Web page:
The reason for such killings is that the ceasefires declared so far have been viewed as those between the armed forces and the LTTE. They have not affected the behaviour of the armed forces towards the Tamil and Muslim people in the Northeast, or the behaviour of the LTTE towards the Tamil and Muslim people living in the Northeast. None of the previous ceasefires have included any clause to safeguard the democratic rights of the ordinary Tamil and Muslim people living in the Northeast and the rights of those who do not wish to live under the rule o the LTTE.
It is due to this reason that the LTTE was able to make use of this period to kill ordinary Tamils and Muslims, or violate their human rights without any hindrance. The Governments, which agreed to ceasefires with LTTE in the past, not only ignored these killings and other violations by the LTTE, but also did nothing to protect these people from the threat of the LTTE, nor take any action to inquire into those killings and punish those who have committed them.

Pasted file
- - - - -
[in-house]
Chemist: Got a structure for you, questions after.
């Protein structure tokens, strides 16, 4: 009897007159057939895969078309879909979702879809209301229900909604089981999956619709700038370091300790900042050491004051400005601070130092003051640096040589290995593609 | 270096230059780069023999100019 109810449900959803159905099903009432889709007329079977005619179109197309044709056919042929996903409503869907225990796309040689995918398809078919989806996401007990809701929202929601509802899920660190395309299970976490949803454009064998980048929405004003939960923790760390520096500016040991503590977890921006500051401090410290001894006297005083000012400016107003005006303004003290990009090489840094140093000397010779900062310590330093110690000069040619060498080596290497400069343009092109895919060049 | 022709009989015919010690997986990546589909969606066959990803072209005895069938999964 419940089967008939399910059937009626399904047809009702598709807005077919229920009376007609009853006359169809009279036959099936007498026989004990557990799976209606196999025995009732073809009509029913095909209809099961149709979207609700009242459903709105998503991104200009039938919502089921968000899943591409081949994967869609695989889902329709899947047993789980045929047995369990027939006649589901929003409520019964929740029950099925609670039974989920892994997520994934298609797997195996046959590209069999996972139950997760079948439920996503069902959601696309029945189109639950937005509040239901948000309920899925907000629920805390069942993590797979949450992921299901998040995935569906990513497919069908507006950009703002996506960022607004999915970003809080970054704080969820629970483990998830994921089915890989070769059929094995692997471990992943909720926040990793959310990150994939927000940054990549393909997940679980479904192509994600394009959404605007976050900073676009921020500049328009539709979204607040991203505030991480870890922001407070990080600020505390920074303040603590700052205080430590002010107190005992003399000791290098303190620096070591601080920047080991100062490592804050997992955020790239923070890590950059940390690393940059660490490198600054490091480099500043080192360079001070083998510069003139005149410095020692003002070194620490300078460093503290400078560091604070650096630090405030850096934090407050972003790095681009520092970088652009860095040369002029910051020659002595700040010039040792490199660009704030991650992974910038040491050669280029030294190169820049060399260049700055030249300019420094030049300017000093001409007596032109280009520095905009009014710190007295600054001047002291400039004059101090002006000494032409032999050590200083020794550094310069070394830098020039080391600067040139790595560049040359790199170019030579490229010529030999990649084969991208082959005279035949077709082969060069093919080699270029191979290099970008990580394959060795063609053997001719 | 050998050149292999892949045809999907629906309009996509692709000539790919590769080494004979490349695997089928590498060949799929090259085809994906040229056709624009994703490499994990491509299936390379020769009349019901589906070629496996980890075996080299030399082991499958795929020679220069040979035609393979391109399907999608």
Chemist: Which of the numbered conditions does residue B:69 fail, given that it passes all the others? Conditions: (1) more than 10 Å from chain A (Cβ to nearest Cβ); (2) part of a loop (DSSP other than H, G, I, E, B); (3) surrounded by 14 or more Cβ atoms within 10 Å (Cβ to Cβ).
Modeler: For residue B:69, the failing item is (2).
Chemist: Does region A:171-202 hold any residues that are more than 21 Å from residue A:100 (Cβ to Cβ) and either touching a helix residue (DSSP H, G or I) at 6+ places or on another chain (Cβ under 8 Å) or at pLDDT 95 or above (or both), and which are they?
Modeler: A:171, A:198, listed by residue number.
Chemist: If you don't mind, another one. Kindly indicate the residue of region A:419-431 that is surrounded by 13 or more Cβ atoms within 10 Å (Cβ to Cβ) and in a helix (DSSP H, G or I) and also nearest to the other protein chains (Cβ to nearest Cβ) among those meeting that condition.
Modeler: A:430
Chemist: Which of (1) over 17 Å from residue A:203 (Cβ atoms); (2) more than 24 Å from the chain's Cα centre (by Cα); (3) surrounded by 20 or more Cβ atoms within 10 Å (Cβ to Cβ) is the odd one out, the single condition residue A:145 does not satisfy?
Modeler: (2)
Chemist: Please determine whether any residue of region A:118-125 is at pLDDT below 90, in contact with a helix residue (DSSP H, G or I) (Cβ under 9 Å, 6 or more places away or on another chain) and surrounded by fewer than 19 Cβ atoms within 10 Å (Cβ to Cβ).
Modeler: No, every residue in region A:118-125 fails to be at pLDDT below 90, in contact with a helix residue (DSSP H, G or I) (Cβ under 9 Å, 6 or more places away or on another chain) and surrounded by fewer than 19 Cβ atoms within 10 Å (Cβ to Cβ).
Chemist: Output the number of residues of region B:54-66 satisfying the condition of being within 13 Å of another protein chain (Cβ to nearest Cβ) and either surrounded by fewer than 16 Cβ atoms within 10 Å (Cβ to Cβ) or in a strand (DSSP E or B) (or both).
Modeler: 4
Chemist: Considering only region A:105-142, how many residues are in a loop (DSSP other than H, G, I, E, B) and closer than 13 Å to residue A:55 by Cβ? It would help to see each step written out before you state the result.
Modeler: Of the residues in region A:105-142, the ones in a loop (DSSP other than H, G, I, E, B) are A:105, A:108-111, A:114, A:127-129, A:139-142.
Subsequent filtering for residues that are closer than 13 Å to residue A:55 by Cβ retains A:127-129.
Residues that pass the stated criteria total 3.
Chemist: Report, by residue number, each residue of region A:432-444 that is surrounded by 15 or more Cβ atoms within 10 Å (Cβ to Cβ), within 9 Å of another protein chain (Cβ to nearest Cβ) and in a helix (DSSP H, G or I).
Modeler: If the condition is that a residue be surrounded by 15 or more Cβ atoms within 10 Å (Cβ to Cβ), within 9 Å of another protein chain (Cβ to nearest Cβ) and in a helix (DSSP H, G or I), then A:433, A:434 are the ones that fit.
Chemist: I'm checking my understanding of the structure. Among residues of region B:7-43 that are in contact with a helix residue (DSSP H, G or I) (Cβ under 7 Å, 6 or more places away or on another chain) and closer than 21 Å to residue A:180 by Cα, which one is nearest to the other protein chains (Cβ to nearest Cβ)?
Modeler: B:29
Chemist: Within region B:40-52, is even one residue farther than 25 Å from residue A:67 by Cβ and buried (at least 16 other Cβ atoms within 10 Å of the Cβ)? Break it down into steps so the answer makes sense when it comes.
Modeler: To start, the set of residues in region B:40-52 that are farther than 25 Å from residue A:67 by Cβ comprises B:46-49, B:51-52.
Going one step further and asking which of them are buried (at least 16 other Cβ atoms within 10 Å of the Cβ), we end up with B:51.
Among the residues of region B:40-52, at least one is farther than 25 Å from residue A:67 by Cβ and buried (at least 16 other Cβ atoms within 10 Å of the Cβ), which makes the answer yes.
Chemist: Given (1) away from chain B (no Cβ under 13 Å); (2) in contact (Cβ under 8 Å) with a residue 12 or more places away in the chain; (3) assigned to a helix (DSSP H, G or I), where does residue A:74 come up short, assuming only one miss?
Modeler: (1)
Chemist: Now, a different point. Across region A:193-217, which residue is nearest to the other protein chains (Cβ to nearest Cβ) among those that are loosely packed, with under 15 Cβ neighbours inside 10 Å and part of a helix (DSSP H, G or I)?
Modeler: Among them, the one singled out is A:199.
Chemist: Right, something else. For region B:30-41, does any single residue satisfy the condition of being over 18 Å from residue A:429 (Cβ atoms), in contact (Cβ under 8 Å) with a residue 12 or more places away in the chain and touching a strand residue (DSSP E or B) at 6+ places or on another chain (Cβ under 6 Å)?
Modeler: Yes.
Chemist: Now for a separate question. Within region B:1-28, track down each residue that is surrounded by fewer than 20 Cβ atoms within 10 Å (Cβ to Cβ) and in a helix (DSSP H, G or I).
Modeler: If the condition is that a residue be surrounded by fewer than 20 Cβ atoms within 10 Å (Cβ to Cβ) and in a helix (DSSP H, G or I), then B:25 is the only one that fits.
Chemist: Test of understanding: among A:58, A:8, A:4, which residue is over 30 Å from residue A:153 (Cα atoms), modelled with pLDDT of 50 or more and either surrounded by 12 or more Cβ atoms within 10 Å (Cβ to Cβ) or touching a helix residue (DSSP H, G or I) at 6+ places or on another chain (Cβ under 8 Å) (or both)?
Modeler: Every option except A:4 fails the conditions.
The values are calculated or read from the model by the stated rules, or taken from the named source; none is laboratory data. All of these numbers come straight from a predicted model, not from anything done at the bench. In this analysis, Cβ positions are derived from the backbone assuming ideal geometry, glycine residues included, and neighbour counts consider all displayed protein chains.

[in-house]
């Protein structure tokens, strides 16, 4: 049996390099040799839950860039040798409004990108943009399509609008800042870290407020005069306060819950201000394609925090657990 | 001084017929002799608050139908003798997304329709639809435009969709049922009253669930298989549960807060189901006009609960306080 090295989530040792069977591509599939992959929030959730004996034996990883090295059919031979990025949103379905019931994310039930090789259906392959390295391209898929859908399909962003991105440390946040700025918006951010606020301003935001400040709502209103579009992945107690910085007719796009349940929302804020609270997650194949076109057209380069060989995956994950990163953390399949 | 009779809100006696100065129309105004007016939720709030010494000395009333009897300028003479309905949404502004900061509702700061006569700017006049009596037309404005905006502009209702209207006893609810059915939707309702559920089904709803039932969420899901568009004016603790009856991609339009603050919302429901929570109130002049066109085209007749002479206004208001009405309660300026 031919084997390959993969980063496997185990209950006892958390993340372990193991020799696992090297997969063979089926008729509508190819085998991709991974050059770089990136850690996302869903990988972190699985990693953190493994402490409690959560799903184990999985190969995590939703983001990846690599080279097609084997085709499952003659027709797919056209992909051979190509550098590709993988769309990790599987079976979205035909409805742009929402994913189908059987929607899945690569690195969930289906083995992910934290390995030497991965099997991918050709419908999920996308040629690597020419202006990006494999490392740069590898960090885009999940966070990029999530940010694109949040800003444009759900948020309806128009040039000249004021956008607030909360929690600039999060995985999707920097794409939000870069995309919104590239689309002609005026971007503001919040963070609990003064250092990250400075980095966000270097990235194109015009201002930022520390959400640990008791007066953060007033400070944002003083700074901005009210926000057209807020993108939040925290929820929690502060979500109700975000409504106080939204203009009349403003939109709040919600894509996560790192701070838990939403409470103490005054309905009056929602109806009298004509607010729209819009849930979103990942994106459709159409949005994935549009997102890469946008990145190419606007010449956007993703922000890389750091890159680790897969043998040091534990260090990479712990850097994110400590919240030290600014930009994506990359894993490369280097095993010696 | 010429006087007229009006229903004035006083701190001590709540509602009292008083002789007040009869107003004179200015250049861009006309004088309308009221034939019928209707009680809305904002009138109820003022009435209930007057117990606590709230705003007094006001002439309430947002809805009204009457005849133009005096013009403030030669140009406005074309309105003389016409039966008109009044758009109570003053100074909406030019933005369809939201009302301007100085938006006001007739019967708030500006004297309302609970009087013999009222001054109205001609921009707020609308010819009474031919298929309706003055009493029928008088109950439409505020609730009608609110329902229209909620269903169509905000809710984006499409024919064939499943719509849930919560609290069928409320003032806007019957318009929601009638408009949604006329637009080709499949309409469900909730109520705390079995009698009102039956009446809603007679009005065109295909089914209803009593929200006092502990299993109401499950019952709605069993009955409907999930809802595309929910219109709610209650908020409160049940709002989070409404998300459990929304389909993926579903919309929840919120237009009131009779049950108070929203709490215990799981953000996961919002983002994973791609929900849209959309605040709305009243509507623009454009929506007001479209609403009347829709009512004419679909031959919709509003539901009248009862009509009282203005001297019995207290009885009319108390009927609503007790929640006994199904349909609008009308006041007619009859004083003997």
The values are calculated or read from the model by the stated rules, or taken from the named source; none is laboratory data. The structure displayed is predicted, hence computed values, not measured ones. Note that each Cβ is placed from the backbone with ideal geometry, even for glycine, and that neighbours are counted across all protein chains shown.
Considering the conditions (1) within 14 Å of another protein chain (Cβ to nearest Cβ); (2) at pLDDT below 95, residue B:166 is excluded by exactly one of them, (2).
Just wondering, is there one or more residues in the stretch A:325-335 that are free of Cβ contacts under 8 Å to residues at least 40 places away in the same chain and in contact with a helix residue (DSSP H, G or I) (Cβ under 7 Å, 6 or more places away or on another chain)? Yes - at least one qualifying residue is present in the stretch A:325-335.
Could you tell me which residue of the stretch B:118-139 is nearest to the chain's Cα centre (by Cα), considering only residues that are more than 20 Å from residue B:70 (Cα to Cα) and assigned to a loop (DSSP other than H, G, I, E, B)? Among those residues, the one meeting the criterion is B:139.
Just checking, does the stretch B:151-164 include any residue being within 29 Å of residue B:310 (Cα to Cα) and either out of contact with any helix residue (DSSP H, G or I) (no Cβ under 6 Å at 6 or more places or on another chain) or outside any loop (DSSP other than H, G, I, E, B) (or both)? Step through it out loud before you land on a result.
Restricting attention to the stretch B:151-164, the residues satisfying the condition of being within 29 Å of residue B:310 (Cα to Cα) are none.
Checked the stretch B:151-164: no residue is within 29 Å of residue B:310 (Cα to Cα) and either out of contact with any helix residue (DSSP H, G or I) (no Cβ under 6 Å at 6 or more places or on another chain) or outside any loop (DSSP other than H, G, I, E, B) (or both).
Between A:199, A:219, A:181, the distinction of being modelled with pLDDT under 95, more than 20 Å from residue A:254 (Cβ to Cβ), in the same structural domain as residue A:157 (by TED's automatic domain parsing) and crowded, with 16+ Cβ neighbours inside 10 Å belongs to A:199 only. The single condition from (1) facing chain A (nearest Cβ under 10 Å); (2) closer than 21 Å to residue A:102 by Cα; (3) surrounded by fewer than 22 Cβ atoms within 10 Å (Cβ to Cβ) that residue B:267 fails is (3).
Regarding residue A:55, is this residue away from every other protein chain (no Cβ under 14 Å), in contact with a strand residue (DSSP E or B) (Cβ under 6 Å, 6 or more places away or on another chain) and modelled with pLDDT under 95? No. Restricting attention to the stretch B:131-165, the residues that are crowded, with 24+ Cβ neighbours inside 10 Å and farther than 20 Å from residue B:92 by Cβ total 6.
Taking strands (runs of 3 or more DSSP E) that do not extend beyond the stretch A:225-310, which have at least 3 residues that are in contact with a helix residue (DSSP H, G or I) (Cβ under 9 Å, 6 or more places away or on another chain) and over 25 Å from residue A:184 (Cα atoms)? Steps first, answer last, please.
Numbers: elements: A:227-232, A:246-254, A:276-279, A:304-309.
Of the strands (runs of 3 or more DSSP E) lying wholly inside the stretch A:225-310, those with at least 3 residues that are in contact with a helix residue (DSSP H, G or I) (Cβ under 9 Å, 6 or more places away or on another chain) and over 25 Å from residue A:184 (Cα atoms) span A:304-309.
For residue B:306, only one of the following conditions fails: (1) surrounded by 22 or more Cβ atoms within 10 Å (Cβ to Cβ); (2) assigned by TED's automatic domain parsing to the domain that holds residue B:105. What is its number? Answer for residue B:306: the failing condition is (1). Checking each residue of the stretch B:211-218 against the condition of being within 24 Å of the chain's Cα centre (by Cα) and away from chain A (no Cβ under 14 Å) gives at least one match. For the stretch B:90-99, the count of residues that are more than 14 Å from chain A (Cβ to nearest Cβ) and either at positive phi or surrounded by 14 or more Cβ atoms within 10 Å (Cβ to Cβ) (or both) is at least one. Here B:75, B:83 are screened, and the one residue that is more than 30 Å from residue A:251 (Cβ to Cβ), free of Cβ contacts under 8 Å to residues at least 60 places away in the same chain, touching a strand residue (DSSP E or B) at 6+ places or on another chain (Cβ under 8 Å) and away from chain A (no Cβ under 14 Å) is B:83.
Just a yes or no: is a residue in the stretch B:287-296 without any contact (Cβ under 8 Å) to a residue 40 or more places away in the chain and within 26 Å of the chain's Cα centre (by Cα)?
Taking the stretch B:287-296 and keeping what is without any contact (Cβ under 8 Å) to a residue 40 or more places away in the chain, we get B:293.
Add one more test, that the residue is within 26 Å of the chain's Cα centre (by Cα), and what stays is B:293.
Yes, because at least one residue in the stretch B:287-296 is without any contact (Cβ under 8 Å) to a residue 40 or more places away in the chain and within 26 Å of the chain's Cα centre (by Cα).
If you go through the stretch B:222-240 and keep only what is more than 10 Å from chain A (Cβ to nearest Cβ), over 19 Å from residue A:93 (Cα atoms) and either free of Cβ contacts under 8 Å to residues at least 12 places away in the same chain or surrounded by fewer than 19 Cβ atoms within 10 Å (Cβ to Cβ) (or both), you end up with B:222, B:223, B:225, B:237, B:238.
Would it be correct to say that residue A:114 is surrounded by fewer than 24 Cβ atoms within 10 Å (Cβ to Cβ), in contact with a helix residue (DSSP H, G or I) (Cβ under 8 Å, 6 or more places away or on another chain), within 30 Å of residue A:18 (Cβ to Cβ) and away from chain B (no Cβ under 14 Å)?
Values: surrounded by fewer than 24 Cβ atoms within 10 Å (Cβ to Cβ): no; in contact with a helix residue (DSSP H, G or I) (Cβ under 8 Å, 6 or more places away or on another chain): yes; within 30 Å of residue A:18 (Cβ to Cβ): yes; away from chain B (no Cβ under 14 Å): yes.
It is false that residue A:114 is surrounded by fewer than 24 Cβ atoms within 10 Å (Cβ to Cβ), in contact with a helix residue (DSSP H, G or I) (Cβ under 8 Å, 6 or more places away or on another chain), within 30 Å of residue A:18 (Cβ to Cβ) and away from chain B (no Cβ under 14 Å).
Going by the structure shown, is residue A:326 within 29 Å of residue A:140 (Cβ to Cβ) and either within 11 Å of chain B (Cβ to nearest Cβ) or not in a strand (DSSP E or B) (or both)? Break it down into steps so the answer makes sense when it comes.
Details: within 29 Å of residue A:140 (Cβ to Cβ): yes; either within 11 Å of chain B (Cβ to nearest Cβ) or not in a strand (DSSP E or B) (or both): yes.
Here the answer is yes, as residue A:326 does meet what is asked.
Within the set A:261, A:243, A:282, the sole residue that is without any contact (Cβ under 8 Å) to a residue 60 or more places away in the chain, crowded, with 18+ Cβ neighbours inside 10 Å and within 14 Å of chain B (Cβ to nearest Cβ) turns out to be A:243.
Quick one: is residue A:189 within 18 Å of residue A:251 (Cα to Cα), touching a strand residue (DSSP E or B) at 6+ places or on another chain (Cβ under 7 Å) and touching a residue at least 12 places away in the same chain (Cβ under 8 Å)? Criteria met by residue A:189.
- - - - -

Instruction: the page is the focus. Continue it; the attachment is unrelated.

On 21st September 1989 Dr. Rajani Thiranagama was killed in Jaffna.
During the ceasefire period between the Sri Lankan Government and the LTTE from 1989 to June 1990, the LTTE had killed hundreds of Tamils in the Eastern Province for their connections with the non-LTTE groups and also those whom they considered as their opponents. Independent Human Rights groups have documented details of those killed.
When the IPKF started withdrawing from the North and East, the LTTE went in to those areas and arrested hundreds of Tamils whom they thought, had acted against them. These incidents had taken place in Amparai, Batticaloa, Trincomalee, Vavuniya Mullaitivu, Mannar, Killinochchi and Jaffna Districts.
LTTE even checked the trains and other modes of transport, which came from Jaffna, Batticaloa and Trincomalee and abducted those Tamils on whom they had suspicion. Their whereabouts are not known to date.
Even in Colombo, with the help of the Government Forces, the LTTE arrested those whom they thought were their opponents, took them away, chained in state-owned and privately-owned buses plying between Colombo and Jaffna, and forced them out of the buses at Omantai and Murikandy in the Vanni. The fate that befell them is not known even to date.